How Long Does Meth Stay in Your System?

While each person’s physiological makeup is different, methamphetamine may be detectable in a person’s system for 2–3 days after use, and possibly longer for chronic users.1

This page will provide answers to some of your questions about how long meth is detectable through urine and saliva tests, as well as information on addiction treatment and resources for drug detox and rehab.

How Long Does Meth Stay in Urine?

Image of two people sitting at a desk, one is handing the other a cup for a urine test.

Traces of meth (also known as crystal meth or ice) may stay in a person’s urine for approximately 2–3 days after use.1 The body can generally eliminate about half a dose of meth in the urine within 12 hours.

In comparison, the body can eliminate about half a dose of cocaine within 1 hour, meaning that cocaine has a much faster rate of elimination from the body (i.e., shorter half-life) than meth.2 However, these numbers and time frames can vary depending on several factors.

If you’re worried about passing a drug test, you may need to consider whether your drug use is problematic enough to warrant professional recovery treatment.

How Long Does Meth Stay in Saliva?

Some studies show that a saliva test may only detect a moderate concentration  of meth within the first 24 hours of use.3

If you’re worried about passing a drug test, you may need to consider whether your drug use is problematic enough to warrant professional recovery treatment.

Factors That Influence How Long Meth Stays in Your System

While various factors can influence how long meth stays in your system, the only way to ensure a negative drug test is to abstain from using meth and other substances.

Factors that may impact meth’s concentration levels and effects include:1, 2

  • Route of administration (how it’s taken).
  • Frequency and duration of use.
  • Dosage.
  • Purity of the drug.
  • Metabolism.

The variables above make it exceedingly difficult to gauge exactly how long meth will stay in a person’s system.

Getting Help for Methamphetamine Use

Seeking treatment for meth addiction can help a person find hope and recovery.

After a person stops using, they may experience physical symptoms of withdrawal, such as extreme fatigue, sleep disturbances, and increased appetite.5 While these symptoms can be less severe than those caused by withdrawal from other substances, the psychological symptoms of methamphetamine withdrawal, such as agitation, psychosis, and anhedonia (inability to experience pleasure), may be more intense and can last for several weeks or months.5, 6

Since meth is a stimulant, many people use alcohol, sedatives, or opioids to combat some of the jitters or other symptoms associated with “coming down” or the “crash” from a meth high. This can complicate the detoxification process because people may be suffering withdrawal symptoms from multiple drugs simultaneously.6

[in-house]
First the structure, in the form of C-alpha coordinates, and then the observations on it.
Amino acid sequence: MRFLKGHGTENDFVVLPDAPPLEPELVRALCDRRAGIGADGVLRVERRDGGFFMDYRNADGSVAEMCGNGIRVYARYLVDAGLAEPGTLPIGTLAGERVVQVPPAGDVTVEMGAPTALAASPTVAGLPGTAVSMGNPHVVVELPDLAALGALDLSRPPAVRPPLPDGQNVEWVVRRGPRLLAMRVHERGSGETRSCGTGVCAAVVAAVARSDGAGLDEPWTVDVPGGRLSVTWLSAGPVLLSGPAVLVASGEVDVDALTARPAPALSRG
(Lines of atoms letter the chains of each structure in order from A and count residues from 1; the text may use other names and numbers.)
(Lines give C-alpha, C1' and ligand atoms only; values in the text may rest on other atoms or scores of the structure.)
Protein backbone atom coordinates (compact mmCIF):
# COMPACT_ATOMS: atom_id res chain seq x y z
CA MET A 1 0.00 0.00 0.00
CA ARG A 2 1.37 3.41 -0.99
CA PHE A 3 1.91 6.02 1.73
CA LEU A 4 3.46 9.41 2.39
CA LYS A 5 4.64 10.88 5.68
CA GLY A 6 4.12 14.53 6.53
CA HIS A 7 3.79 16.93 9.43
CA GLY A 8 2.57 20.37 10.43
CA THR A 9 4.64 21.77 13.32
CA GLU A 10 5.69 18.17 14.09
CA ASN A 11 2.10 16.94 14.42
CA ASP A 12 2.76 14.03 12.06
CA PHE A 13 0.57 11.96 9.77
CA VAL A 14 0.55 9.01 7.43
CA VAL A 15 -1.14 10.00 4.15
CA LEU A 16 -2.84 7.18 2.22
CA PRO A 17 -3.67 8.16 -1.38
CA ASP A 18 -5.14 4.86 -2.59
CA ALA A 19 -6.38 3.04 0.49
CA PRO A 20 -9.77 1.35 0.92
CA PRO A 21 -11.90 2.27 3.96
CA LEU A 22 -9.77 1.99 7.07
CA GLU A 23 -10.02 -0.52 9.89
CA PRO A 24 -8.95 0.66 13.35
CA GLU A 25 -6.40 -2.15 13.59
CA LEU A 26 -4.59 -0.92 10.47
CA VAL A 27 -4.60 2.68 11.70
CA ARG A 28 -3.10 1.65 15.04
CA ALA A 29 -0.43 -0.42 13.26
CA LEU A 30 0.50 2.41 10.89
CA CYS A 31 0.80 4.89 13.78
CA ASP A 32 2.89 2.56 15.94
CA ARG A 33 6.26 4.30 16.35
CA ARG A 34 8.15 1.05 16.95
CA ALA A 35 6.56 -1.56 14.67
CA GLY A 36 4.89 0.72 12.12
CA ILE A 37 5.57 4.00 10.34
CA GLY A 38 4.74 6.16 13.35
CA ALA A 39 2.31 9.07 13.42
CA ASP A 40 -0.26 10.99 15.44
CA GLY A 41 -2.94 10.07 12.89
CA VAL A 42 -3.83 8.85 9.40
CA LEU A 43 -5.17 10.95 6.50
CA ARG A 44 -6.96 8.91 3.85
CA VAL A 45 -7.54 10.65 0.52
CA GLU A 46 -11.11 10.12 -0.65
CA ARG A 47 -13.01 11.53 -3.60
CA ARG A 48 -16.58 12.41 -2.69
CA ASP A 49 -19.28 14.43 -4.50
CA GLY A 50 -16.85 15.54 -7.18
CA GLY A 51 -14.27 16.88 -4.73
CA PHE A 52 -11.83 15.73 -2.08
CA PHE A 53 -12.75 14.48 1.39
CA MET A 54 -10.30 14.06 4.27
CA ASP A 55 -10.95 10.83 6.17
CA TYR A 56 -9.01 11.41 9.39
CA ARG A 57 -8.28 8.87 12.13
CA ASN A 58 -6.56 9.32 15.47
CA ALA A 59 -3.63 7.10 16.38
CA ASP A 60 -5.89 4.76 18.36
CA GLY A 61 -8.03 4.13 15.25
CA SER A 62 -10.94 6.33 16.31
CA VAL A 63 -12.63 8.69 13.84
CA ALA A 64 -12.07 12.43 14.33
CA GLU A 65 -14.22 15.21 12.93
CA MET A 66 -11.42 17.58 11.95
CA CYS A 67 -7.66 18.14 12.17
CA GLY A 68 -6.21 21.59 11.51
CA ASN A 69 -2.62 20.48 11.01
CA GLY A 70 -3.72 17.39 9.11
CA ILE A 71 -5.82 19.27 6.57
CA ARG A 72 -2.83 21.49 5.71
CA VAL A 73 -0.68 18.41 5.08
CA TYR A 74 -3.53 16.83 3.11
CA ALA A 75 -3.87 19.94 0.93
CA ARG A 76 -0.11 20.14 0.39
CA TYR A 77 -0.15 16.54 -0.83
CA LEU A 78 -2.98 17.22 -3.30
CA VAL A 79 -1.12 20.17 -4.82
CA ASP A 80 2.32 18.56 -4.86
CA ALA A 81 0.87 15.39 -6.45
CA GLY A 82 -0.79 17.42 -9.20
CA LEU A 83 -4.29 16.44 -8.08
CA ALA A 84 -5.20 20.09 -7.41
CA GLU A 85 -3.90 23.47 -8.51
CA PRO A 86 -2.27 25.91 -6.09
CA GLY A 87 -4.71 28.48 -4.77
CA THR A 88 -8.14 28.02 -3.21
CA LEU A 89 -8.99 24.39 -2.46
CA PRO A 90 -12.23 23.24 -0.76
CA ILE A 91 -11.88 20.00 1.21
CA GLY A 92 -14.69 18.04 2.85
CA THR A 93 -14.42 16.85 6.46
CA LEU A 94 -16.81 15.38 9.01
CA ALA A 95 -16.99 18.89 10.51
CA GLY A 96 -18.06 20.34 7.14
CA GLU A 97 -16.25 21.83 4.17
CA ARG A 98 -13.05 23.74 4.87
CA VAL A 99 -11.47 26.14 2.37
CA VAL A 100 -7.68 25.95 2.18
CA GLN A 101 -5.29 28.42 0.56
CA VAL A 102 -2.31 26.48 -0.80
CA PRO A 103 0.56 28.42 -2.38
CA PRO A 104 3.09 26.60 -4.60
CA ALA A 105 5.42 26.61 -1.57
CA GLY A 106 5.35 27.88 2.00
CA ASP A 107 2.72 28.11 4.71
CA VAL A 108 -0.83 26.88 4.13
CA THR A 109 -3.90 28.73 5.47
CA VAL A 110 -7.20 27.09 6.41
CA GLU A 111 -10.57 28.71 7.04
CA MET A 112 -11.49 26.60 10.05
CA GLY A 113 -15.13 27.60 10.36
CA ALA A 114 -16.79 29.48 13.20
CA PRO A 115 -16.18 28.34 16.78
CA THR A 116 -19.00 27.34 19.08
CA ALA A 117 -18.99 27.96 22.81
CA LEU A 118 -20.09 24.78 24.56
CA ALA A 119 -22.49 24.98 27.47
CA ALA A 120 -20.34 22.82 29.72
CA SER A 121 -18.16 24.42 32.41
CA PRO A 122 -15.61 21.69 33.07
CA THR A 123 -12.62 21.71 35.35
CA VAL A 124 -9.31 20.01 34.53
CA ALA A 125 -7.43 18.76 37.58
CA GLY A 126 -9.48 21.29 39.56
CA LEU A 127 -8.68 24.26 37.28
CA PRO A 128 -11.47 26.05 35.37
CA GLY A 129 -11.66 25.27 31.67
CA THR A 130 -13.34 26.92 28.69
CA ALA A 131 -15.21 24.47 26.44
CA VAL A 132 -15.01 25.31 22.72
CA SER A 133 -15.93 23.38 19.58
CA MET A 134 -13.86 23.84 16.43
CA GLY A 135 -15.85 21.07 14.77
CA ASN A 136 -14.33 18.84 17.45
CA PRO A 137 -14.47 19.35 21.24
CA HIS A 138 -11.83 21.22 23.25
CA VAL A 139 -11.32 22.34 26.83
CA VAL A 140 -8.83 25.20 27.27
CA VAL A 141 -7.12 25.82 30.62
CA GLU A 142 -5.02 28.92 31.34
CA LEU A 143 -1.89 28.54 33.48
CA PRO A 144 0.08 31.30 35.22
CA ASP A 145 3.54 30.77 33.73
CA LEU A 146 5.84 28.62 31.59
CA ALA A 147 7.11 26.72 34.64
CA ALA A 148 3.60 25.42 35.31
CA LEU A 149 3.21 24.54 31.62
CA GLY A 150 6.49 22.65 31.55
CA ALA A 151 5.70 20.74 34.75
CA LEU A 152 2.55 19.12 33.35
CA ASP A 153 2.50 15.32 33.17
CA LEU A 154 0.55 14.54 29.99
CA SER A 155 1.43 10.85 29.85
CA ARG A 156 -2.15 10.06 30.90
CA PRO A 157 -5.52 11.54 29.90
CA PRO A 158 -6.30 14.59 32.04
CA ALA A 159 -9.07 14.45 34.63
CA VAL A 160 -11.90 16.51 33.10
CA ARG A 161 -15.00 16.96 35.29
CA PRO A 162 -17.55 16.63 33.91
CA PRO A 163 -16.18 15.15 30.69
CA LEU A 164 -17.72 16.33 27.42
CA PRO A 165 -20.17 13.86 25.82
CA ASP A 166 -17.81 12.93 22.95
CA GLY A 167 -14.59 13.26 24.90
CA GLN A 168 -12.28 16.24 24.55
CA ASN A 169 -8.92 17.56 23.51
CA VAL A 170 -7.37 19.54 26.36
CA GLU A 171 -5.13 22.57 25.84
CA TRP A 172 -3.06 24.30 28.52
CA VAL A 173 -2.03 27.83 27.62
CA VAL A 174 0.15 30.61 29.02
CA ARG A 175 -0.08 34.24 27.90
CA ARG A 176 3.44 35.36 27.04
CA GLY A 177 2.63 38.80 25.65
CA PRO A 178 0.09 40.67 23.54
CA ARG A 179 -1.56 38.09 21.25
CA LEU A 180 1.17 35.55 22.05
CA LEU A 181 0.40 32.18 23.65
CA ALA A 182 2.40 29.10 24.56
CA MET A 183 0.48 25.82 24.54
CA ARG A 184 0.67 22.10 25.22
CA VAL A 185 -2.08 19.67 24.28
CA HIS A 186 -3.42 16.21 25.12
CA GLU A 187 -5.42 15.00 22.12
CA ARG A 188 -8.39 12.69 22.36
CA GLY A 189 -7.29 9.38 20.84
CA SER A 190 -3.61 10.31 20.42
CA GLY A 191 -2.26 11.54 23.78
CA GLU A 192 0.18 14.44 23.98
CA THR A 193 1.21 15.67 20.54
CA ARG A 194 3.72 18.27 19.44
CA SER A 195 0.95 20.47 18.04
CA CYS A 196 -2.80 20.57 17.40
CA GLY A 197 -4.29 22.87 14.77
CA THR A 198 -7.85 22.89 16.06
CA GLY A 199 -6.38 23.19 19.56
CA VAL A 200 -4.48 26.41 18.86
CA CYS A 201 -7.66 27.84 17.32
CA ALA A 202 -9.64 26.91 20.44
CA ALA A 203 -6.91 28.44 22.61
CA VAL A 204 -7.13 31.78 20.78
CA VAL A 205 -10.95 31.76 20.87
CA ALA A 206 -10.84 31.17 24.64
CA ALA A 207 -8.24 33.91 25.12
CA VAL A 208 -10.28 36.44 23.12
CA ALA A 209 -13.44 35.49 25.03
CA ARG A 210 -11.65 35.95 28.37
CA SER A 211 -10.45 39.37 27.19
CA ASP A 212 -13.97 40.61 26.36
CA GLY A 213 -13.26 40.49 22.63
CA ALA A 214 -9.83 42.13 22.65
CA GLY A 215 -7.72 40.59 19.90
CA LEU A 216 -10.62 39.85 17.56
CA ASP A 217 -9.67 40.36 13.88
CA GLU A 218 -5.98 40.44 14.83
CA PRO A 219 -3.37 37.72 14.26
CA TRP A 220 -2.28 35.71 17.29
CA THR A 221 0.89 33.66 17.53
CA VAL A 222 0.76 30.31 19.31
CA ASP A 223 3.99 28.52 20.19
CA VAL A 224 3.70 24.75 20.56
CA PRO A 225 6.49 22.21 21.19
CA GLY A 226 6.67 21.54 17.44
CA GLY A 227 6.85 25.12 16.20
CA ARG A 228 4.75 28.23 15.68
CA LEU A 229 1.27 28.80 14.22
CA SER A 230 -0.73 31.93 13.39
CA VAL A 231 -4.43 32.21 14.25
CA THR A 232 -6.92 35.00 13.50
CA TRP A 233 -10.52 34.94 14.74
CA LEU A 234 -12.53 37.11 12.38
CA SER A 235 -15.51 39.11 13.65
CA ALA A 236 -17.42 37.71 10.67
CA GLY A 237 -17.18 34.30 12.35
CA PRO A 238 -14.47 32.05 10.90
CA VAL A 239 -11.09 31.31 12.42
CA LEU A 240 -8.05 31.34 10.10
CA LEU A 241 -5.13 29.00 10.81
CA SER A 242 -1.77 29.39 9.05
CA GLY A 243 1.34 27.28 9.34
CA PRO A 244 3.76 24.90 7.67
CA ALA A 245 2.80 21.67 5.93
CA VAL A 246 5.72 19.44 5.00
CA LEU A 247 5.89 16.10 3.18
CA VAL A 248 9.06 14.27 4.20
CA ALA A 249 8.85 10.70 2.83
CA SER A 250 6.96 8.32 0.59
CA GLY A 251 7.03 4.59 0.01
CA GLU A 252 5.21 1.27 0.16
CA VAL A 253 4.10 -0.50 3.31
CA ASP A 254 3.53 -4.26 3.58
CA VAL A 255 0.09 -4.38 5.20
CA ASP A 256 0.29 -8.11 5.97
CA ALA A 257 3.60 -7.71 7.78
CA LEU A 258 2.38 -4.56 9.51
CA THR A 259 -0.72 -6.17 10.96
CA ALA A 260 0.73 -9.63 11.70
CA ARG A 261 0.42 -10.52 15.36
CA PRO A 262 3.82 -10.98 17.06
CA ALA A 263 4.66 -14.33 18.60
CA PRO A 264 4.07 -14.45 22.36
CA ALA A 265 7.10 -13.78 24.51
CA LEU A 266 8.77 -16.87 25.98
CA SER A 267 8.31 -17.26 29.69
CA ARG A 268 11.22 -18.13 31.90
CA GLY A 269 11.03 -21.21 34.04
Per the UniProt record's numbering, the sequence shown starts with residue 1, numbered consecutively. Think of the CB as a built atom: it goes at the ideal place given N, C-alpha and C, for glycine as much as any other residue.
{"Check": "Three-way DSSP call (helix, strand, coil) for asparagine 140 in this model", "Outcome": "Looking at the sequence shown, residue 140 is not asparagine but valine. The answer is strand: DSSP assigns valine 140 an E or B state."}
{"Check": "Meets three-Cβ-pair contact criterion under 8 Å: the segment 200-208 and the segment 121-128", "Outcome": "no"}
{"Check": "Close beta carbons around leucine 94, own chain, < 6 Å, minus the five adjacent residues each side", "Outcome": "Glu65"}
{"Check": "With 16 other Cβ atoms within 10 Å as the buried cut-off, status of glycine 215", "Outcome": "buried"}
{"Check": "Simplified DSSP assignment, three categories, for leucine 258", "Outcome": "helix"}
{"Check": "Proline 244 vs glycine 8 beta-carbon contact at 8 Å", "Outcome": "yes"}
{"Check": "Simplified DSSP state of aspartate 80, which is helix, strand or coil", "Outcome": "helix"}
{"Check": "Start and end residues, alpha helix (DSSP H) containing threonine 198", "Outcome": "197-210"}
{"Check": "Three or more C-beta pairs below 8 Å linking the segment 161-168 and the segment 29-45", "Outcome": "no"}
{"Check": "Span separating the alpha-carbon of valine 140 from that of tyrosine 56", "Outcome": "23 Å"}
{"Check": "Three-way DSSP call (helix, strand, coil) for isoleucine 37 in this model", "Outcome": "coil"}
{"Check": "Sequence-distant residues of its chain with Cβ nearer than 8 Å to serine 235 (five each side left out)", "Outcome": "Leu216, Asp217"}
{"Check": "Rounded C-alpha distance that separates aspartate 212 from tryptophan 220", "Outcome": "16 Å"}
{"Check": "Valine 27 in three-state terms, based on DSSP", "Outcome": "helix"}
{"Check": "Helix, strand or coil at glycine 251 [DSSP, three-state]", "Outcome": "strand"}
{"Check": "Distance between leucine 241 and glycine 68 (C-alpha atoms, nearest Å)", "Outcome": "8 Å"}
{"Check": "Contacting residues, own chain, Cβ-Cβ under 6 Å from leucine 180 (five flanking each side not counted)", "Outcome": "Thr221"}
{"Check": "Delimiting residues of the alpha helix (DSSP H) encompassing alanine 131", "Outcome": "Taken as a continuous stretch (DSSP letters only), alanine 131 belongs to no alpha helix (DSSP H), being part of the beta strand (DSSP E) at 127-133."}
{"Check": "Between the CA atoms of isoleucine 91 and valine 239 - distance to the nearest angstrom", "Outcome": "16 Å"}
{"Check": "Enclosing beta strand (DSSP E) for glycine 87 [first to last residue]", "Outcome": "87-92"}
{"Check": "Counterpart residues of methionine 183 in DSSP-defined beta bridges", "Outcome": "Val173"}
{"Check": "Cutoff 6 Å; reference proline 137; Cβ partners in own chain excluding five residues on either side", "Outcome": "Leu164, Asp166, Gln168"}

Of particular concern are the negative thoughts and depression associated with detoxing from meth. These can potentially lead to actions of self-harm, and as a result, patients should be closely monitored for risk of suicide or relapse, and detox in a professional setting under medical supervision.6

Detox is often the very first step on the road to lasting sobriety.7 After detoxification, formal treatment is recommended, with holistic approaches that aim to target the underlying thoughts, behaviors, triggers, and patterns associated with meth use. Because of meth’s potentially devastating effects on the mind, it is important for people who stop using the drug to be assessed for co-occurring disorders.6 There are no FDA-approved medications to treat methamphetamine addiction, and various behavioral therapies are currently the most effective treatment for methamphetamine addiction.8

Leading-edge, evidence-based facilities like Oxford Treatment Center in Etta, Mississippi, offer various types of addiction treatment and tailor each person’s course of treatment to their individual needs. They also usually have flexible payment options to help defray the costs and ensure quality treatment is available to anyone who wants it.

It’s never too late to reach out for help. If you or someone you love is struggling with the devastating side effects of addiction and are unsure of where to turn, call us today at . Oxford Treatment Center, American Addiction Centers’ inpatient drug and alcohol rehab center in Mississippi, is ready to help you get the treatment you need today.

To get started, fill out the form below to determine what your health insurance may cover. Knowing your options and what to expect are key pieces of the treatment puzzle.

The consequences of drug addiction can be dire, but it is possible to heal. We are here to help you take the first step and every other step along the way.

Fill out the form below to learn more.

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When contemplating the costs of addiction treatment for yourself, child, or loved one, consider the costs, or consequences, of “things as they are now.” What would happen if the substance abuse or addiction continued? Rehab doesn't have to be expensive. We accept a variety of insurances. Learn more below.